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WorldCom, communication barriers and its downfall.

WorldCom, communication barriers and its downfall.

Throughout reading this article, I must confess I had a difficult time. I thought it was disgusting that CEOs of companies, who make much money as it is, are greedy and will do anything to make more money. That said, the Worldcom scandal is a perfect example of communication barriers. Besides unethical behaviors, unjust decisions caused the company’s downfall. A perfect example was proven when accountants knew checks were written for personal use, not a business. This unethical behavior should have been reported right away. If Worldcom had the proper policies and procedures and effective communication, this bug would have been squashed immediately! Also, all this chaos could have been prevented if Ebbers had hired auditors or other people to ensure all employees followed those policies and procedures. Have an outsider enter the workplace to see if they can better understand what is happening. Doing this will help the organization bypass’ groupthink’ or follow the ideas set in motion by the group.

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The first barrier I found throughout reading CNN’s article was selective Perception.

Selective Perception is defined by our book as “…the personal filtering of what we see and hear to suit our own needs” (Carpenter, Bauer, Erdogan, and Short, 2013). In my opinion, Ebber was fully aware of what Sullivan was doing but felt he couldn’t be criminally responsible for it if he weren’t doing it. He only said what he wanted to see and turned his back on everything else.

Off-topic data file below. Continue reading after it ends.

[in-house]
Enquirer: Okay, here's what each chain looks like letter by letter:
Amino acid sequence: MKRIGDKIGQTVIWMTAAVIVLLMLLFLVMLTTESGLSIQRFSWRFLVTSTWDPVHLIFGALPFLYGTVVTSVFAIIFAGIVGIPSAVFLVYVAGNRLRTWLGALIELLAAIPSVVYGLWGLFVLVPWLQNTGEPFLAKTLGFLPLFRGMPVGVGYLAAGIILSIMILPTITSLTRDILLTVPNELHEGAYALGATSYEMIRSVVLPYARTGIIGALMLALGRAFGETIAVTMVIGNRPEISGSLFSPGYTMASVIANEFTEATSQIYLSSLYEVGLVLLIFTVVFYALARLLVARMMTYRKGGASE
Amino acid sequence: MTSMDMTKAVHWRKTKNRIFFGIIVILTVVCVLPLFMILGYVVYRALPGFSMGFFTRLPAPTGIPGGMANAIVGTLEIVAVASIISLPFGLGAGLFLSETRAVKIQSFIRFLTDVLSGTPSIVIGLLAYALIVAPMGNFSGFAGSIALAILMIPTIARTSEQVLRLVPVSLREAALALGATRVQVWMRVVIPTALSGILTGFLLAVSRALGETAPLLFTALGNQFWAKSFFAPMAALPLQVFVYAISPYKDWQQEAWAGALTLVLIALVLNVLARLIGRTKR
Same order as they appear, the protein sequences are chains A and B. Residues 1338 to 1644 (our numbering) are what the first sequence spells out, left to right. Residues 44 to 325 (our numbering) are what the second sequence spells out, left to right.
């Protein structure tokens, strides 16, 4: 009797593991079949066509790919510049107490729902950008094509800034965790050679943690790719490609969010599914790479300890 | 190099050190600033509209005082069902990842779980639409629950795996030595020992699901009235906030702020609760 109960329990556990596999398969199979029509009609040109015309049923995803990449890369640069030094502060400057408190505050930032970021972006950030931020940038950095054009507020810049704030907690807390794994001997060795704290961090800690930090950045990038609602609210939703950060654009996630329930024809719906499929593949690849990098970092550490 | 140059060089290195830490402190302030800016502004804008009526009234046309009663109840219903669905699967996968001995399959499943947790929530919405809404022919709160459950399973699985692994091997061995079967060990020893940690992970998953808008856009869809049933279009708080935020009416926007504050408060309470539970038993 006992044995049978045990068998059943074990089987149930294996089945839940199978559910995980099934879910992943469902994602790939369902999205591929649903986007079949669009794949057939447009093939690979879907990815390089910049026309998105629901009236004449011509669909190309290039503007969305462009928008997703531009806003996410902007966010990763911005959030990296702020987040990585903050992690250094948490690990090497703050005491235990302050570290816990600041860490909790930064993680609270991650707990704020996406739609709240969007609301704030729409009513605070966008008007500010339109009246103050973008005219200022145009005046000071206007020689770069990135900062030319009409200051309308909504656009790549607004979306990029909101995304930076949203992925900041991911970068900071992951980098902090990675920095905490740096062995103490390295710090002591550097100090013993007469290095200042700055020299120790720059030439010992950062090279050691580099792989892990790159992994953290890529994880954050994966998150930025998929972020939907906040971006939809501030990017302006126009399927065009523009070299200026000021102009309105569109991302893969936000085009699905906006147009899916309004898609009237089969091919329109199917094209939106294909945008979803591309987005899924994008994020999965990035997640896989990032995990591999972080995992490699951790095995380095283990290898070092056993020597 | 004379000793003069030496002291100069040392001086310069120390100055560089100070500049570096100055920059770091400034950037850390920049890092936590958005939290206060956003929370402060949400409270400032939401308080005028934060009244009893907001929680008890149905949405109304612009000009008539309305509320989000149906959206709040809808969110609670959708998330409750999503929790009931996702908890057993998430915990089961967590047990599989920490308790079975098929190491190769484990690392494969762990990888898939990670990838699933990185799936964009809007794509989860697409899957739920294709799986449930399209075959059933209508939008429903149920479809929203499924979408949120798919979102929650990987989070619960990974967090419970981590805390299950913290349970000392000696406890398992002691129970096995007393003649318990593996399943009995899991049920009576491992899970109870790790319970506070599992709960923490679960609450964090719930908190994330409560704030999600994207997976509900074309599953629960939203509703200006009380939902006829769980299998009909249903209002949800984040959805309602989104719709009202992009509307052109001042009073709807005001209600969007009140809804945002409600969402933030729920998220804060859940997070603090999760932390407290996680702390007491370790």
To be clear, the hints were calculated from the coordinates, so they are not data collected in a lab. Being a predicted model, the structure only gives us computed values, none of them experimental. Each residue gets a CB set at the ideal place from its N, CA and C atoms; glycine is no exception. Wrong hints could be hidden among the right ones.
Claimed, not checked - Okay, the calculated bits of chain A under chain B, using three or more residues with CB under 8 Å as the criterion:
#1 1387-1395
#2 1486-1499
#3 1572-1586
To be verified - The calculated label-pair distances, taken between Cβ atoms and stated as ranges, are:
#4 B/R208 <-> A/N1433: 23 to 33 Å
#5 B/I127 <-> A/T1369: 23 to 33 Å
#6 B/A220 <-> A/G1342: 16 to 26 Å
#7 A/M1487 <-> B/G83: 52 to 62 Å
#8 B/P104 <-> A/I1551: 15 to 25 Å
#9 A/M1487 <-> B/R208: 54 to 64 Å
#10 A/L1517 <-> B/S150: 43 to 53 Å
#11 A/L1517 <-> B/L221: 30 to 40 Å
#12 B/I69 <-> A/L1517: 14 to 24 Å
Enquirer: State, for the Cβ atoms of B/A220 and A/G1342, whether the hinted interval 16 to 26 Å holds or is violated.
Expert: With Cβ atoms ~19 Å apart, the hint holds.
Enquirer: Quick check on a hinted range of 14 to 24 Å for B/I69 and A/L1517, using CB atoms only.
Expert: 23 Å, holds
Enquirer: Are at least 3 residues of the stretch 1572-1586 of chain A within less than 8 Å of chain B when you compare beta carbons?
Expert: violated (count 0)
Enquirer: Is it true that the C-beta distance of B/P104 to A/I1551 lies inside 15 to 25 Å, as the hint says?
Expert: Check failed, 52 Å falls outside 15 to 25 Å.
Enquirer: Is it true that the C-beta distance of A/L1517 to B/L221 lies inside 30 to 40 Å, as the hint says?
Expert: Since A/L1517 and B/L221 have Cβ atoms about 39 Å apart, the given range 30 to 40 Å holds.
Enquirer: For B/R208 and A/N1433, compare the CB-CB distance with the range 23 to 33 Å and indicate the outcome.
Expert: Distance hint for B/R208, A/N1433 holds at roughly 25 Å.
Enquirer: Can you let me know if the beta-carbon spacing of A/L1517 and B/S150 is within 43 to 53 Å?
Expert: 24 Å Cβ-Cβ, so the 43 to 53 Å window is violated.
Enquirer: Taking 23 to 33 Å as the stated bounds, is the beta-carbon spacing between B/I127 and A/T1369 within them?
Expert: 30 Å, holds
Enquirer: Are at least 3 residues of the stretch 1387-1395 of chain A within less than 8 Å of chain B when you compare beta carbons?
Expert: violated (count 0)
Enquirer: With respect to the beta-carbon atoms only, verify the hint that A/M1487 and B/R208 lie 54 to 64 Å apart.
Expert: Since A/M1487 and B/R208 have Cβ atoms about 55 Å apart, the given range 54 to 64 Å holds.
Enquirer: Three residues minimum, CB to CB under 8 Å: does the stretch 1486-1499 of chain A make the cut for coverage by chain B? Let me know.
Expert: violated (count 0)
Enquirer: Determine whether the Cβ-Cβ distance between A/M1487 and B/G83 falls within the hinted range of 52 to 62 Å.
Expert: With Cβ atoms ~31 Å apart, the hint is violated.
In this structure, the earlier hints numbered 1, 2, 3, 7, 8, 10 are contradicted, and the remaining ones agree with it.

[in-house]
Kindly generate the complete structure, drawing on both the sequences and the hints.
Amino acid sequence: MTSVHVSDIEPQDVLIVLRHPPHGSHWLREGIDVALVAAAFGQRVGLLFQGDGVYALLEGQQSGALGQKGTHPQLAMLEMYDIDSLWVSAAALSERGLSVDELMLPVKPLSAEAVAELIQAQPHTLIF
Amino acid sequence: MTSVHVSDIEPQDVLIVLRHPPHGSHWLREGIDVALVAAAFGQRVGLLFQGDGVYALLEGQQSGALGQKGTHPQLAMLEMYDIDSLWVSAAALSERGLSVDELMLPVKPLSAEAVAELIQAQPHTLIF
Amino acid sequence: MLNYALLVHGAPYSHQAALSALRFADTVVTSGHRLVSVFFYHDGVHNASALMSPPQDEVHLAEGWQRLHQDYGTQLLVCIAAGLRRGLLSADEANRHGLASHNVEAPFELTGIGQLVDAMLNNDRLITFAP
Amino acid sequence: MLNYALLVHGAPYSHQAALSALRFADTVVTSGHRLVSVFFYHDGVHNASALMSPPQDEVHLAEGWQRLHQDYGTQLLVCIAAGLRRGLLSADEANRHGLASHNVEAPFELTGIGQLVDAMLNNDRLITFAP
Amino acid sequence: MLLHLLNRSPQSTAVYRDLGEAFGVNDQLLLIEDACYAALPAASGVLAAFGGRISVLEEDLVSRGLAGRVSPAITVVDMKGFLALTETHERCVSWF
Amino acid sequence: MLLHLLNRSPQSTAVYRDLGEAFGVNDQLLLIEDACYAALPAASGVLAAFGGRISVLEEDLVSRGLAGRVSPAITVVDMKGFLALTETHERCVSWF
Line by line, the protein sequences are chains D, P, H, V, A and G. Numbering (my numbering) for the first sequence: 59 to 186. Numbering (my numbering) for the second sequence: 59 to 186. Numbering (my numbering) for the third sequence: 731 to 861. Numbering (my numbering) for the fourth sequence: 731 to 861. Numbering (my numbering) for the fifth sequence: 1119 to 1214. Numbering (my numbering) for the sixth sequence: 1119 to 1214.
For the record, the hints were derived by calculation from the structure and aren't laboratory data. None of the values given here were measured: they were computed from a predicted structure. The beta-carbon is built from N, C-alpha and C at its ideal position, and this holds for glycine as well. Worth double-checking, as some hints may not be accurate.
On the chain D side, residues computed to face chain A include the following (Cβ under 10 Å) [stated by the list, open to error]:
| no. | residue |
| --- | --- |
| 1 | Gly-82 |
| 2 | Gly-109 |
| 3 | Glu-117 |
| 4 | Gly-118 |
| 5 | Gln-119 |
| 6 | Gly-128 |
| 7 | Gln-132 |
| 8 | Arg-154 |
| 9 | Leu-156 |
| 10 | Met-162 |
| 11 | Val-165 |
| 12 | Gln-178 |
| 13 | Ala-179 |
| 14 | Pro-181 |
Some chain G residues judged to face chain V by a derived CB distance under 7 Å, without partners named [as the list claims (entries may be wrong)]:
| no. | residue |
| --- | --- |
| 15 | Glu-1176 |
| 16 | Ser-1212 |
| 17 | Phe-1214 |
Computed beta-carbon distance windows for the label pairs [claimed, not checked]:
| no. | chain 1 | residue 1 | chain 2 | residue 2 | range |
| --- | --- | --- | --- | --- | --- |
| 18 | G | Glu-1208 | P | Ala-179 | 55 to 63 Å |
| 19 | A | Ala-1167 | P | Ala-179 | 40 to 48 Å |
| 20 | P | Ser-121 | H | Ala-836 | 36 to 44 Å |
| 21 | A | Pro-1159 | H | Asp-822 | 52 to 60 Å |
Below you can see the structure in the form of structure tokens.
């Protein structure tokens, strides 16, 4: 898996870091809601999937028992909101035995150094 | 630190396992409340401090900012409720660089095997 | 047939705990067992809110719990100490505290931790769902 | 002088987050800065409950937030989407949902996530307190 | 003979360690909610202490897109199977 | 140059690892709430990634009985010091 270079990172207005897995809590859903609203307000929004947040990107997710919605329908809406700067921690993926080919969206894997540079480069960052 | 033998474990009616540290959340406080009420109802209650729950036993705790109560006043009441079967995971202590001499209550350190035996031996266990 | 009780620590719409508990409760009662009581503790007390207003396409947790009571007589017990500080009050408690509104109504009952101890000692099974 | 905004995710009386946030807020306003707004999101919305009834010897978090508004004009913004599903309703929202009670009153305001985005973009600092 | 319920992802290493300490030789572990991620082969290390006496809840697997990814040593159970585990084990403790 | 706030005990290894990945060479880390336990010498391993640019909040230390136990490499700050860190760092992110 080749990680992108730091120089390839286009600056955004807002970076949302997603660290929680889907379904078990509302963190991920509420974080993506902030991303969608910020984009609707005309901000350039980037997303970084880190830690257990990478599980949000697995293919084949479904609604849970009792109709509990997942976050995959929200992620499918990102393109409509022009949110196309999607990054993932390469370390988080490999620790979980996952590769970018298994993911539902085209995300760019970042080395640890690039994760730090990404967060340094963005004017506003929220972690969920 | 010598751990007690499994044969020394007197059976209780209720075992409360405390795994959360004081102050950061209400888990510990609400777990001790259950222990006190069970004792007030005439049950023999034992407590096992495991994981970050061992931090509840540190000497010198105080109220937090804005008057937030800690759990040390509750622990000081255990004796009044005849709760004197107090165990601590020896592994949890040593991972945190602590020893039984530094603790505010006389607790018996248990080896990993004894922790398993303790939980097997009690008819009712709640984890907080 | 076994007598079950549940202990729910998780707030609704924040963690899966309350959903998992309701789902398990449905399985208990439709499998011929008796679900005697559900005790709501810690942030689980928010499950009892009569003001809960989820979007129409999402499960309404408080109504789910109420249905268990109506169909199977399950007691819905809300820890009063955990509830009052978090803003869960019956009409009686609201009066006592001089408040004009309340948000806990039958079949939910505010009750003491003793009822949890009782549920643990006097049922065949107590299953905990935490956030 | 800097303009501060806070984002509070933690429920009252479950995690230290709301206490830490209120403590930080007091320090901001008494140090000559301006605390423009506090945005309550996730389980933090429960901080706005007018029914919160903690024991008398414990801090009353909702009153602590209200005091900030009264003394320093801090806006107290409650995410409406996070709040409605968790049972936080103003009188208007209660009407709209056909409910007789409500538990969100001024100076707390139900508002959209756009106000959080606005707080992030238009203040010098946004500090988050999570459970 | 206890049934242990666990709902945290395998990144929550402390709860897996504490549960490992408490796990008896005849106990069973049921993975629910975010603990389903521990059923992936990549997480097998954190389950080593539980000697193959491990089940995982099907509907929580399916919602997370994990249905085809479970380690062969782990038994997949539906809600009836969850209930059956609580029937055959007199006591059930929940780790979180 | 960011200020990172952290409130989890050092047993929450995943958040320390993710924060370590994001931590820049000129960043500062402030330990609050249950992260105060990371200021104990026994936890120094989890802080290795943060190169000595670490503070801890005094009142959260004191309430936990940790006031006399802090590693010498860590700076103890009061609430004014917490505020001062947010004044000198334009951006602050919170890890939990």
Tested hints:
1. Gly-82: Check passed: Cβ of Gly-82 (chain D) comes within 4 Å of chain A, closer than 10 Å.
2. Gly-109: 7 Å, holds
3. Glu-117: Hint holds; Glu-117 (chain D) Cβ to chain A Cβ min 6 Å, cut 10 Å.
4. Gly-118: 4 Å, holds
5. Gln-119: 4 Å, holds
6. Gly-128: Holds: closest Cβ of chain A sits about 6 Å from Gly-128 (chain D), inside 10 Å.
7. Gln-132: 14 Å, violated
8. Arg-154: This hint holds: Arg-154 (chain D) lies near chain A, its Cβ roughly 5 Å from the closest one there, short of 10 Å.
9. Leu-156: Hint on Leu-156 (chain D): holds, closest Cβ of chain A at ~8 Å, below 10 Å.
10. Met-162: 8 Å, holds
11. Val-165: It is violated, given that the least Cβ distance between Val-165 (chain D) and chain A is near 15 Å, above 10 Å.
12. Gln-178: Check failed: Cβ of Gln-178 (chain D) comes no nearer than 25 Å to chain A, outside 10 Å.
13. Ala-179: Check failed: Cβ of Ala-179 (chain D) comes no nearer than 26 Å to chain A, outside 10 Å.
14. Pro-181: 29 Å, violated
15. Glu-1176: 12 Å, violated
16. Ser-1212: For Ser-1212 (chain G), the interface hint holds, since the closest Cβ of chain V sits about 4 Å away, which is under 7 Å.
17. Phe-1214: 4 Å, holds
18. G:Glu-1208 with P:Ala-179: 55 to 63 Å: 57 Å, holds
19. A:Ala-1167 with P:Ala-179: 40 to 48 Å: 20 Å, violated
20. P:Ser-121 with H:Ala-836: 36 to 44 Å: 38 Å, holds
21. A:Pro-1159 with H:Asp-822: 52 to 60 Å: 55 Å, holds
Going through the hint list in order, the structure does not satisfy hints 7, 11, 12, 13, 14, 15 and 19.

Ebbers taking the stand in his defense, contradicted himself when he insisted that he “…know nothing of WorldCom’s shady accounting and that he left much of the minutiae of running the company to underlings” (Crawford, 2005). This follows the selective Perception because Ebbers admits that he did not care nor pay attention to what was happening throughout the company. He believed in a famous motto, “Don’t ask; Don’t tell.” The less he asked, the less he knew; therefore, in his mind, he could not be held criminally responsible for something he did not know!

The second barrier

 The second barrier I found was filtering. Filtering can be defined as the “…distortion or withholding of information to manage a person’s reaction, and it can prevent members of an organization from greeting a complete picture of reality (Carpenter, Bauer, Erdogan, and Short, 2013). Ebbers displayed filtering because he stated he had no idea fraud was happening. Regardless of Sullivan hiding information from Ebbers, it was Ebbers’s responsibility to ensure that effective communication techniques were followed adequately throughout the company’s footprint. Ebbers decided not to share information with his coworkers. As I mentioned prior regarding the accountants withholding information, Ebbers was also withholding information because he was well aware he was spending money that wasn’t his to be spent.

I instantly thought of a question once I read this. How did they make all this money ‘disappear’ without drawing suspicion? Despite what happened, Ebbers was found “…criminally responsible for false regulatory filings” (Crawford, 2005). Worldcom’s failures were due to many things, but the lack of communication and teamwork was the final push that caused them to go over the edge.

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Carpenter, M., Bauer, T., Erdogan, B. & Short, J. (2013). Principles of management (Version 2.0). Washington, DC: Flat World Knowledge, Inc.

Crawford, Krysten. (2005). Ex-WorldCom CEO Ebbers Guilty Faces long prison sentence after being convicted on all nine counts of accounting fraud. Retrieved from


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WorldCom, communication barriers and its downfall.

WorldCom, communication barriers and its downfall.

Communication and group dynamics are essential elements within the leading facet of the P-O-L-C framework. Read the following article from CNN describing Bernie Ebbers’ downfall as CEO of WorldCom: Ex-WorldCom CEO Ebbers guilty.

Based on what you read in the article, in your initial post, identify which two barriers to effective communication were most prominent within WorldCom and explain how these barriers led to the downfall of the company. Be specific and identify the communication barriers based on the information in Chapter 11 of your text.


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